T.S. Eliot, one year before writing the poem, had an epiphany of his own, and converted to Anglo-Catholicism. “Journey of the Magi” is a narrative, told from the point of view of one of the magi, that expresses themes of alienation and a feeling of powerlessness in a world that has changed. I am sure that most of us can relate to these feelings in our world today. Eliot’s words may not suggest the positive energy for change and excitement that we might expect from someone who has supposedly witnessed the original Epiphany. When the magi visit the baby Jesus, Eliot expresses the idea that there is a new start, brought about by the death of something familiar. “Birth or Death?”, he says. Again, with the birth of something new comes the death of something old.

Some of you know that my principal interest outside of work here at SPS is musical composition. One of the things I really appreciate about an academic schedule is the opportunity to switch gears during the long vacations, and devote my time to writing music. I never identified as a composer growing up, or even through college. I was more of a dusty old organist type who tried to get interested in the mechanics of the instrument, but quickly tired of all that, opting instead for a more generalized approach to music. I learned to acknowledge my lifelong love for Tudor polyphony, Johann Sebastian Bach, the Anglican cathedral repertoire, mid-20th Century musical theatre, and 80s Brit Pop. Over the past three decades, I have allowed these genres to influence my own compositional style, although often this will happen subconsciously. Interestingly, after immersing oneself in a creative project, requiring substantial investment of self, there is a combined feeling of elation at the completion of the work, and a period of mourning that the creator/creation relationship is over. With the birth of something new comes the death of something old.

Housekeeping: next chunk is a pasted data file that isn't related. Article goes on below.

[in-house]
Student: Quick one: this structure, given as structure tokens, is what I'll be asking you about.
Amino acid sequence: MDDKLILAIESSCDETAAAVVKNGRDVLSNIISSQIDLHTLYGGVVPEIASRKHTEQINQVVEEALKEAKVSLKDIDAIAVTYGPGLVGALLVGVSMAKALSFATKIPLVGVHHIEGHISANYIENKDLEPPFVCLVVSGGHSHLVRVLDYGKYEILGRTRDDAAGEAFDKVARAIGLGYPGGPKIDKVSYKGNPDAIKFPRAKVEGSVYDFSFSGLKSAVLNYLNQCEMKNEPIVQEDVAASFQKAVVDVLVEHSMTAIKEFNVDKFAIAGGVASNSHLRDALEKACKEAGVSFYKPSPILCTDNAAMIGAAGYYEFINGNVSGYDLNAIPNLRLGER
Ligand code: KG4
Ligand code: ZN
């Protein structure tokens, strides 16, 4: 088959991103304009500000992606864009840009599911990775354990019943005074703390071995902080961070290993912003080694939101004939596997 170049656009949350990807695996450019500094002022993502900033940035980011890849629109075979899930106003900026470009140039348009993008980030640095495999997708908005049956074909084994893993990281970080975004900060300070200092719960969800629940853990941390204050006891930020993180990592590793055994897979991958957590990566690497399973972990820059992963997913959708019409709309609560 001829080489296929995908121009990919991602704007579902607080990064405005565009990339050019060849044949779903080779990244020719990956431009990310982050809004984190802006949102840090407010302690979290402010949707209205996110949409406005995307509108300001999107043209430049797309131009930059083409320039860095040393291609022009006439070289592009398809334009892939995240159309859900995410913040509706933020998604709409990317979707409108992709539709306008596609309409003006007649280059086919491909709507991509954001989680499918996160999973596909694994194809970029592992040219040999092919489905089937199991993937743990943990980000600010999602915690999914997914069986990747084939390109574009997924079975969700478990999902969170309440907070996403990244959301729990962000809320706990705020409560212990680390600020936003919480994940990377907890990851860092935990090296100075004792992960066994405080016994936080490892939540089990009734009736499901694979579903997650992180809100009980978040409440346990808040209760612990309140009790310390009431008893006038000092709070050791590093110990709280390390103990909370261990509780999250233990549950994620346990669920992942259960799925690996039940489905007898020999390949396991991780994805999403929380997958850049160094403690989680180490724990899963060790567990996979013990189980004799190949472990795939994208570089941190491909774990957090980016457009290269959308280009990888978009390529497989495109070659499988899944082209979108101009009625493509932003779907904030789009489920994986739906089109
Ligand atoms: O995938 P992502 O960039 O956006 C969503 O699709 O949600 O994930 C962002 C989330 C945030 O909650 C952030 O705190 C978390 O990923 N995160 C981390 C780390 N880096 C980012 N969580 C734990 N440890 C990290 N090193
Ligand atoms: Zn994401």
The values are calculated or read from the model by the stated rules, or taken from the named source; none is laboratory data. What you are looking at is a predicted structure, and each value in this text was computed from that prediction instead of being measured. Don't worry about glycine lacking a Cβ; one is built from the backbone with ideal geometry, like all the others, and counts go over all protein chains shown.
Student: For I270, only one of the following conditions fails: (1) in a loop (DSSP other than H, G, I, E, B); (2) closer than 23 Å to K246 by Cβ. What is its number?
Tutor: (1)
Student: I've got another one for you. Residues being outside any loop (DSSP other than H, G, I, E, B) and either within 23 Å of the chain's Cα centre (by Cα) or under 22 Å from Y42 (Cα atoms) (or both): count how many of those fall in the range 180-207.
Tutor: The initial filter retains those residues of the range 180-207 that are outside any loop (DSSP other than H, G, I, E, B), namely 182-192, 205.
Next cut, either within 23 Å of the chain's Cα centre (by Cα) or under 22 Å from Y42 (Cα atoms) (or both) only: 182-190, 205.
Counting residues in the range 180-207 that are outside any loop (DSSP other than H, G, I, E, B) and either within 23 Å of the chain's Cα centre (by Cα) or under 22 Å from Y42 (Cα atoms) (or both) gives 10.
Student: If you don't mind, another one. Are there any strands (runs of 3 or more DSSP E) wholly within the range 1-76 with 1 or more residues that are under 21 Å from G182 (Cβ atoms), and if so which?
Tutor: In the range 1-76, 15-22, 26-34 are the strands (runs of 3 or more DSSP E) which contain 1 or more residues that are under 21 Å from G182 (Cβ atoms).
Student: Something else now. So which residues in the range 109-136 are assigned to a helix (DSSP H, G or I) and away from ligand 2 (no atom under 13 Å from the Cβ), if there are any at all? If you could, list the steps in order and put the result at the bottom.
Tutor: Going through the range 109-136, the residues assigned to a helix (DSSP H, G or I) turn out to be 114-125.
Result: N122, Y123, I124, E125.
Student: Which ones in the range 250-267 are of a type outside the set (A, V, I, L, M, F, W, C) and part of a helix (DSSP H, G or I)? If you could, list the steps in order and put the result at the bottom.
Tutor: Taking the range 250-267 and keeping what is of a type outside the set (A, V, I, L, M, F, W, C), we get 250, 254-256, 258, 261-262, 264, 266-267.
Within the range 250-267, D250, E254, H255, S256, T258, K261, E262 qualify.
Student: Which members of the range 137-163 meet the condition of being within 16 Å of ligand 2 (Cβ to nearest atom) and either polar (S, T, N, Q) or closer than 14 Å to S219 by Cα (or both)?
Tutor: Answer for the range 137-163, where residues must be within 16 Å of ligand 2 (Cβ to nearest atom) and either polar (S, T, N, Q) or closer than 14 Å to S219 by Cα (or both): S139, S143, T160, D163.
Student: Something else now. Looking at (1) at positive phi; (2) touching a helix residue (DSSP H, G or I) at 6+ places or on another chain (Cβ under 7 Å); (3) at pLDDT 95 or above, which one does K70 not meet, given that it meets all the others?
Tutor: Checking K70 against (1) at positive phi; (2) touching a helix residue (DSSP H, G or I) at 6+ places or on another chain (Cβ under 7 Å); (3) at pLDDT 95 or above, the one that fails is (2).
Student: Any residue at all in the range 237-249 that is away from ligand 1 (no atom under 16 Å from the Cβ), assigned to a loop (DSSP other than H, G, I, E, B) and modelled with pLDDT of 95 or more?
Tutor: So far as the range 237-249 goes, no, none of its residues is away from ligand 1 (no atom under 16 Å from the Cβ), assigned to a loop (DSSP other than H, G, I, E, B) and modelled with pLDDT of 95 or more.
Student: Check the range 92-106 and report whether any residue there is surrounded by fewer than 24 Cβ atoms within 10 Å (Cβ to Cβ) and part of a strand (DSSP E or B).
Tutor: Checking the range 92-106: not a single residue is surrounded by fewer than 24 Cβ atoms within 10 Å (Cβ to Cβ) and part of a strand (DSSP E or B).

As former Archbishop of Canterbury, Rowan Williams, says of T.S. Eliot’s poem, “(We have) a new start that is felt only as the death of all that has been familiar; and yet the old world goes on, galloping aimlessly like the old white horse. Eliot never wanted to present religious faith as a nice cheerful answer to everyone’s questions, but as an inner shift so deep that you could hardly notice it, yet giving a new perspective on everything and a new restlessness in a tired and chilly world.”

It occurs to me that our school is a place rich with epiphany. I’m not talking about lightbulb moments that happen daily in the classroom. True epiphanies don’t just happen out of nowhere, and they are relatively rare occurrences. True epiphanies rely on a significant reservoir of knowledge, depth of thought, and investment of time and energy. Innovations are not epiphanies. However, with the ever-changing nature of our school community from newcomers to graduates, teaching fellows to retirees, newborn babies to deaths of loved ones, we are constantly experiencing the birth of something new and the death of something old.

I hope we can all cherish the journey while we are here. The ways deep; the weather sharp; the dead of winter; the melting snow; the summer palaces; the sleeping in snatches; the voices that tell us it’s all folly; the old white horses; the new babies; the fulfillment, light, and gladness of a true epiphany.